Mistakes We Should Not Repeat: Part 1

Mistake 1: Not Looking Back.

Joe Biden and Kamala Harris accomplished what we Democrats yearned for over four long dark years: they defeated the most dangerous and destructive president in modern history. Now they face the task of building back, better. It is an enormous challenge that will require support and honest counsel from fellow Democrats, as well as an honest assessment of past mistakes.

Democrats, including us progressives, possess some unhelpful traits. We can be a herd of cats. We can fixate on process and rules, while our opponents amass power. We can create purity-testing circular firing squads, splintering over differences in ways that impede our own victory. We see our struggle as one over policy, without giving due to the tough, seasoned, complex, dark-money-funded apparatus that opposes us.

The traits of victory are the traits we should pursue, and we should take particular warning from recent mistakes. I would flag four mistakes of our most recent administration — the Obama Administration. To the extent those mistakes arose from simple lack of will and aversion to conflict , those are easy traits to overcome. There are innumerable sins to criticize in the grim record of the Trump administration, but lack of will or aversion to conflict are not among them. Perhaps the only useful lesson from the disastrous Trump administration: we can fight a lot harder. When something matters, fight for it like it matters.

1. Not Looking Back.

The newly elected Obama administration decided that it was going to look forward not back, and step out into a new and glad post-partisan future. Republicans laughed as they garroted that effort, and gleefully and immediately dedicated themselves to neutering the Obama administration. But they also breathed a joyful sigh of relief as they realized there would be no accountability for the torture program and the bodyguard of lies surrounding it; for climate obstruction and the falsehoods upon which it stood; for the dishonorable conduct of industry hacks put into positions of public authority; or for the deceit that launched us into a bloody, trillion-dollar war.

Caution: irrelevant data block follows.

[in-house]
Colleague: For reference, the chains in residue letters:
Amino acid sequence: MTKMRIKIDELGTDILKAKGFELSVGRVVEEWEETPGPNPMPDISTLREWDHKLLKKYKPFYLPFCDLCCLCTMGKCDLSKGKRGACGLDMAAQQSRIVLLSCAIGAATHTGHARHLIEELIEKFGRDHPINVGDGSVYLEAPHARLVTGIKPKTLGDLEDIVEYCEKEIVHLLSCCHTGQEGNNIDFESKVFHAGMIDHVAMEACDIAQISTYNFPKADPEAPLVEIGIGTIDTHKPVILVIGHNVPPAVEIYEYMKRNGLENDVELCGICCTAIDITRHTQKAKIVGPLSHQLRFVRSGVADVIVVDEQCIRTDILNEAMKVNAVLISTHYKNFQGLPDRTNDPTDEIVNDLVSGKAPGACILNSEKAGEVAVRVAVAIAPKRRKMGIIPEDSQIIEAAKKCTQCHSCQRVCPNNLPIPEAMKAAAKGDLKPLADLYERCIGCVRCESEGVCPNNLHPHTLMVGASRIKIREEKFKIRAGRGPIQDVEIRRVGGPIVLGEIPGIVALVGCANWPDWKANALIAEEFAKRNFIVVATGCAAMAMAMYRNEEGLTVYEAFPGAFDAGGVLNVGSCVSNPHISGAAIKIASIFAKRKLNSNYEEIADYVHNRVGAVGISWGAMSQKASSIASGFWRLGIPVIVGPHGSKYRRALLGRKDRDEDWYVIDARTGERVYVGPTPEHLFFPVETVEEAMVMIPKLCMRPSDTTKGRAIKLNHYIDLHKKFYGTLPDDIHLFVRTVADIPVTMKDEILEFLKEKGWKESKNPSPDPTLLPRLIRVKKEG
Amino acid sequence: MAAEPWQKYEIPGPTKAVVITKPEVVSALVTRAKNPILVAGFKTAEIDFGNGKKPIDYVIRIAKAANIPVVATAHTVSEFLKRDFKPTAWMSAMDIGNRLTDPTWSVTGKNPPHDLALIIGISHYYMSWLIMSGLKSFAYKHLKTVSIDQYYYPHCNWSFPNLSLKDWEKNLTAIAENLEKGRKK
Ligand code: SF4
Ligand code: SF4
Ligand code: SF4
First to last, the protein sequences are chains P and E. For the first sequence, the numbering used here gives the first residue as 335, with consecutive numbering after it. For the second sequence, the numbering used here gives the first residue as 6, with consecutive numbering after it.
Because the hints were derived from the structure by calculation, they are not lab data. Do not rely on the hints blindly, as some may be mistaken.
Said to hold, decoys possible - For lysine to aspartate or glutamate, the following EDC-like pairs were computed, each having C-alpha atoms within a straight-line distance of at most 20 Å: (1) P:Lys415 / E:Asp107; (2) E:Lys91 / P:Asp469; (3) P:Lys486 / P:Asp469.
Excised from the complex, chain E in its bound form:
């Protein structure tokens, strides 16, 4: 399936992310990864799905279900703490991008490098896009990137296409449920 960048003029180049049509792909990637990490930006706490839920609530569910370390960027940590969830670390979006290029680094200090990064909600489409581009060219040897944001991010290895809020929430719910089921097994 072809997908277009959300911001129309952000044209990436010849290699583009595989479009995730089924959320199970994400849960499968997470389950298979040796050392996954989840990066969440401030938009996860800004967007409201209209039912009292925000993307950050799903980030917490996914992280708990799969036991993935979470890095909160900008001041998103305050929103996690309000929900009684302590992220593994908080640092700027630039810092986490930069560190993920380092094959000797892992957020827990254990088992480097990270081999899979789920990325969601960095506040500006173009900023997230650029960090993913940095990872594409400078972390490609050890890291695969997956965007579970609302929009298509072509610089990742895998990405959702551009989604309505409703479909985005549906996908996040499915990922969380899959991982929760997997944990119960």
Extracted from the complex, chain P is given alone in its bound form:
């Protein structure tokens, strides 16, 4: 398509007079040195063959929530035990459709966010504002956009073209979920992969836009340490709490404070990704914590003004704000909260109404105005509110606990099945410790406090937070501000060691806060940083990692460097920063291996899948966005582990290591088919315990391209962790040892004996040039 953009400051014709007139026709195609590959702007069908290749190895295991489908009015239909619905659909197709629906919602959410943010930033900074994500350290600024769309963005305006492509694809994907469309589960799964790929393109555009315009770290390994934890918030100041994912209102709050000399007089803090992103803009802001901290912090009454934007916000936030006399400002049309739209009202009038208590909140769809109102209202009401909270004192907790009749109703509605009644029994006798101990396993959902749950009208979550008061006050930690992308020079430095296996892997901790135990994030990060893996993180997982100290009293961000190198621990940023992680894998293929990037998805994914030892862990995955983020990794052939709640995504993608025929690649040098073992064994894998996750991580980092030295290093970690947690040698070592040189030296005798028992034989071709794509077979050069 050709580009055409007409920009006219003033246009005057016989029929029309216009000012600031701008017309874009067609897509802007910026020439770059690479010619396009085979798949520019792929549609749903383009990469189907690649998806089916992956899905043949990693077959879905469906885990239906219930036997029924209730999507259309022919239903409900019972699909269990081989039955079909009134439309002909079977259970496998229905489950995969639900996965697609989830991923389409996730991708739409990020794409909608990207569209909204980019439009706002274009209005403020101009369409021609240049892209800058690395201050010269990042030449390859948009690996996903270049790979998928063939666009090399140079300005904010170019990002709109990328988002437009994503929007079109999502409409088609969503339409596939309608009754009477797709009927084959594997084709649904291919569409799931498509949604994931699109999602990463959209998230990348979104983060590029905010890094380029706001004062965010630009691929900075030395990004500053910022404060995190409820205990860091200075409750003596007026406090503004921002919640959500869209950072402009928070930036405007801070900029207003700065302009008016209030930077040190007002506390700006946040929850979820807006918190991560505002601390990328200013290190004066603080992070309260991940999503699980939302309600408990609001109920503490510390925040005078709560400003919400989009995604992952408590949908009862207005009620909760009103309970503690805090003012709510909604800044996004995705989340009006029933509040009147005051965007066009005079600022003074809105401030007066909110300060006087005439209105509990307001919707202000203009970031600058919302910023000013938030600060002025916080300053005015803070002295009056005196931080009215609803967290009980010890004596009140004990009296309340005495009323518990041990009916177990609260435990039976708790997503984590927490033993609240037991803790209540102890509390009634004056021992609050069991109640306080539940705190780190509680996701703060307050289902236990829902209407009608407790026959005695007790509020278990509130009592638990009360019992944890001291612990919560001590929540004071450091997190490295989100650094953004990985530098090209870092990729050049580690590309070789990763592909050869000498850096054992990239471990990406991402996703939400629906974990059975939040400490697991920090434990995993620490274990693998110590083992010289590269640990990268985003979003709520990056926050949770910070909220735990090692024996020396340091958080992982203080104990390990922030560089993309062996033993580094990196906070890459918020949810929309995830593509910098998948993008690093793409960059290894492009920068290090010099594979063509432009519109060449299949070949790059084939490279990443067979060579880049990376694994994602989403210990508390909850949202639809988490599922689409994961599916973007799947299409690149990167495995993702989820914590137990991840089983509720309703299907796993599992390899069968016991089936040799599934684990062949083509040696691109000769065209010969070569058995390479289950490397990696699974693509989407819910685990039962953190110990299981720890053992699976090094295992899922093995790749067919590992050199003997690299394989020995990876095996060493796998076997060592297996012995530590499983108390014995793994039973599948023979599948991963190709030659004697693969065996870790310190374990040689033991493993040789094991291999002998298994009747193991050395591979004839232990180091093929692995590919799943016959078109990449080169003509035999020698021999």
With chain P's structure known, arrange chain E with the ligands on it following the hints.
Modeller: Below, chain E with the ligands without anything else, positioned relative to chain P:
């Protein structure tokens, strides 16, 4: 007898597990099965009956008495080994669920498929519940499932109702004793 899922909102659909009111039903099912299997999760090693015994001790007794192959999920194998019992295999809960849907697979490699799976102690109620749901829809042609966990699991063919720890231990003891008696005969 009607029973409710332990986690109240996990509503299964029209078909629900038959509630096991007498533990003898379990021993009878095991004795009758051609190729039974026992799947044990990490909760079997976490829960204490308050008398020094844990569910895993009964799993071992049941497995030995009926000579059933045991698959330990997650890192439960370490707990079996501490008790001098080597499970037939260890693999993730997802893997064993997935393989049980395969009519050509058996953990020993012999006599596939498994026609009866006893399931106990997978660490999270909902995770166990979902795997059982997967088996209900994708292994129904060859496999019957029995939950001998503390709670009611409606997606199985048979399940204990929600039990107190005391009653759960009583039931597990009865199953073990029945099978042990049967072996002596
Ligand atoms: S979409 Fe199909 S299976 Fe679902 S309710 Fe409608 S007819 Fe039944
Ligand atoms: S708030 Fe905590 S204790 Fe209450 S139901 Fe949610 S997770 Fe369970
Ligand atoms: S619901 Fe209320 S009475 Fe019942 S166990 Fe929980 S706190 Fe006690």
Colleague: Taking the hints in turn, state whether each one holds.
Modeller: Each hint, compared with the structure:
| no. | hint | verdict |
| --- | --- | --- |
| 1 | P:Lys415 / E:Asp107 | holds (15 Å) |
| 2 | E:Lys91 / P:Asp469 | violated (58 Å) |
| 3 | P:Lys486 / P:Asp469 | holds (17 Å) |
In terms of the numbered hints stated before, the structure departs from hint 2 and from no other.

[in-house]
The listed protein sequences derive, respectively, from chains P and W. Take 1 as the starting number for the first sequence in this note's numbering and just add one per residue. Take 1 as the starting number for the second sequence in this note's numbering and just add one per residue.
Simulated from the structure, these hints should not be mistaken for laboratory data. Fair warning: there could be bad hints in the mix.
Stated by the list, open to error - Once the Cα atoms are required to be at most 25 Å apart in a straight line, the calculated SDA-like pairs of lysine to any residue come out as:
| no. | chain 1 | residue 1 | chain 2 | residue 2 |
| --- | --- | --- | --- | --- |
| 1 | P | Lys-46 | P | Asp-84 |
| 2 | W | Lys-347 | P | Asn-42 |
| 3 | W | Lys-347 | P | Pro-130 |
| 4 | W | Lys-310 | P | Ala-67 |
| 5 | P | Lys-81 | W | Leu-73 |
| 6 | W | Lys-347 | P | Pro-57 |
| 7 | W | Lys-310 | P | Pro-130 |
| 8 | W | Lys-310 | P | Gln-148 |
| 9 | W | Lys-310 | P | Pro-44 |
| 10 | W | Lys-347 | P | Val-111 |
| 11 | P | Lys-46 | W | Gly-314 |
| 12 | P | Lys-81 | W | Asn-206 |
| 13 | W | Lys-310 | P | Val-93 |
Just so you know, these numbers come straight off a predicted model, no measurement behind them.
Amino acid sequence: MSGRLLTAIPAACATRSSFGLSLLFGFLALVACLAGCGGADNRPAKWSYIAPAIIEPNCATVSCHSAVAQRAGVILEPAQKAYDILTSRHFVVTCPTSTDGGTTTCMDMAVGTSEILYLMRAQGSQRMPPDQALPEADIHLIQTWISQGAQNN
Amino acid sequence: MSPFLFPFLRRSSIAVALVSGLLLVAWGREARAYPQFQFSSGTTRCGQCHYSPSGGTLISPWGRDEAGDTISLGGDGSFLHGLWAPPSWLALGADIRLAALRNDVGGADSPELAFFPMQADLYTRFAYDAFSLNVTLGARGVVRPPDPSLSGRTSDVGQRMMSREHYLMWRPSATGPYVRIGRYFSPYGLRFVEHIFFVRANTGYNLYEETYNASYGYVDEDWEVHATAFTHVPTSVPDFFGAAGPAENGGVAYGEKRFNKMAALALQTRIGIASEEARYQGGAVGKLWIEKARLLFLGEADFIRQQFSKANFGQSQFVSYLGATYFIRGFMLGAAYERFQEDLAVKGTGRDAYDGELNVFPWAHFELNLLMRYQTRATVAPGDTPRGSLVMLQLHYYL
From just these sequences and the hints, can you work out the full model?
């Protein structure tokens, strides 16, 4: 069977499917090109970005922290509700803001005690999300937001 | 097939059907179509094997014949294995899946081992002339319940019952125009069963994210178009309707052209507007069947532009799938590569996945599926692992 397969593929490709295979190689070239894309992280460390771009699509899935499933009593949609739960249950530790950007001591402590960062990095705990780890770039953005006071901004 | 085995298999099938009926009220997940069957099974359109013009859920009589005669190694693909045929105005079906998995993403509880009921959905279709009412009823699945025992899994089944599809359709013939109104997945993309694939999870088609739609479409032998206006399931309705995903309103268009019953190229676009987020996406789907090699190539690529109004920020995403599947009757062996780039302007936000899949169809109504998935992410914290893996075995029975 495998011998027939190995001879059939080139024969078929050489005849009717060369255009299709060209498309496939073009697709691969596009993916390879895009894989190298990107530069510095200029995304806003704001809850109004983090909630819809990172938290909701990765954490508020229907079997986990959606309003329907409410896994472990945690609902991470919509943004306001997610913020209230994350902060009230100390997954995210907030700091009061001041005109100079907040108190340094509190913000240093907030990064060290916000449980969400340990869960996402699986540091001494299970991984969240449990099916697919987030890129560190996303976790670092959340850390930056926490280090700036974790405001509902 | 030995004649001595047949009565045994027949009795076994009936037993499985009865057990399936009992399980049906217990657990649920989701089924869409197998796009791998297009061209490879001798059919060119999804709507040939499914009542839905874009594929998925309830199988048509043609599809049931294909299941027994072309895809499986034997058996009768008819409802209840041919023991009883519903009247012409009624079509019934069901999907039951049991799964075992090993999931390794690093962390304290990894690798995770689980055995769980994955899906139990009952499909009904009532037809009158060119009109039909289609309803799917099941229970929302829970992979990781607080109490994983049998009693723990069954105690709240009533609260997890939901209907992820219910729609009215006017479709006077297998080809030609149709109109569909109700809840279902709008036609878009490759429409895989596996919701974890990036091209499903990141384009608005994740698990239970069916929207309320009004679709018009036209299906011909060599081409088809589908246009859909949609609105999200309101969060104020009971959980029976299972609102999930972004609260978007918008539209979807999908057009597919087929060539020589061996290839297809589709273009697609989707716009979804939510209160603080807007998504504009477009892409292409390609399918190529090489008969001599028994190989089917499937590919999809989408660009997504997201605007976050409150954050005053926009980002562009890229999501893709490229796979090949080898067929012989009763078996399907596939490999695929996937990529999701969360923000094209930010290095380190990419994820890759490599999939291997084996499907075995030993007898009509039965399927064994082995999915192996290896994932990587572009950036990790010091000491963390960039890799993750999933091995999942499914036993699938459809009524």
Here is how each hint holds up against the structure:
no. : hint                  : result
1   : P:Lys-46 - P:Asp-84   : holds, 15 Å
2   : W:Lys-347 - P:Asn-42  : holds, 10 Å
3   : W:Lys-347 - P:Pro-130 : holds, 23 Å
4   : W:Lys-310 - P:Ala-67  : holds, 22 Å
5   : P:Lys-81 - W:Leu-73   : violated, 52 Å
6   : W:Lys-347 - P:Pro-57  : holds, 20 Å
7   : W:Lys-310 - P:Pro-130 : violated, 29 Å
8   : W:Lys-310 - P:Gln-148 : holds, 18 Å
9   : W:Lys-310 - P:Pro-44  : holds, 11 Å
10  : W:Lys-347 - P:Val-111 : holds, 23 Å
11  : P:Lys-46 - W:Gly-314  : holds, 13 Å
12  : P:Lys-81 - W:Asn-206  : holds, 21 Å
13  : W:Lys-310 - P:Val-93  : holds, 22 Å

This free pass was a message to the future that surely emboldened Trump administration flunkies as they took power and began to work their evil deeds in government. The Trump administration was orders of magnitude worse than the Bush administration in most areas; the only improvement over Bush — and no small one — is that Trump did not start a futile war on false pretenses. The Trump years of corruption have been out of historic bounds and require investigation. No more “no looking back.”

I’m a prosecutor. I am acutely sensitive to the abuses to which prosecutorial power can be put. But well within the lines protecting against that abuse are responsible public investigations that should and must be done. Where do government whistleblowers go with files and stories they were scared to disclose under the dark misrule of Trump? There should be a special legislative oversight committee to accept such evidence and report publicly on misdeeds and on how to improve agency defenses against corruption. The Department of Justice has taken a particularly savage battering. A panel of distinguished federal judges and Department alumni, attuned to the Department’s long-held principles and norms, should assist the new Attorney General in a review dedicated specifically to that unique Department, supported by the Inspector General and the Office of Professional Responsibility. How do you build back better without rigorous assessment of the damage that was done? Careful examination and diagnosis improves the cure and the healing.

Why did bipartisan climate action stop in 2010, and who has been behind the devilishly effective campaign of climate denial and obstruction run through so many front groups and identity-laundering intermediaries? It has put our well-being at very grave risk. It was in essence a covert op run in and against our own country. A high-level independent commission should take a deep public look at whether — and if so, how — our government was corrupted by private forces. Civil lawsuits where merited can also yield hidden evidence for the public to see, as can certain regulatory proceedings. All of it needs to be done.

Democracy depends on an educated and engaged citizenry, and nothing is more engaging and educational than to find out how you were deceived and robbed. To walk away from exposing these misdeeds is not an act of responsible bipartisanship, it’s a disservice to citizens who deserve the truth. And it hinders our ability to move forward responsibly and build back better. After the many debacles of the Trump years, there’s no choice now but to look back.

Check back next week for Mistake #2.

U.S. Senator from Rhode Island, the Ocean State.

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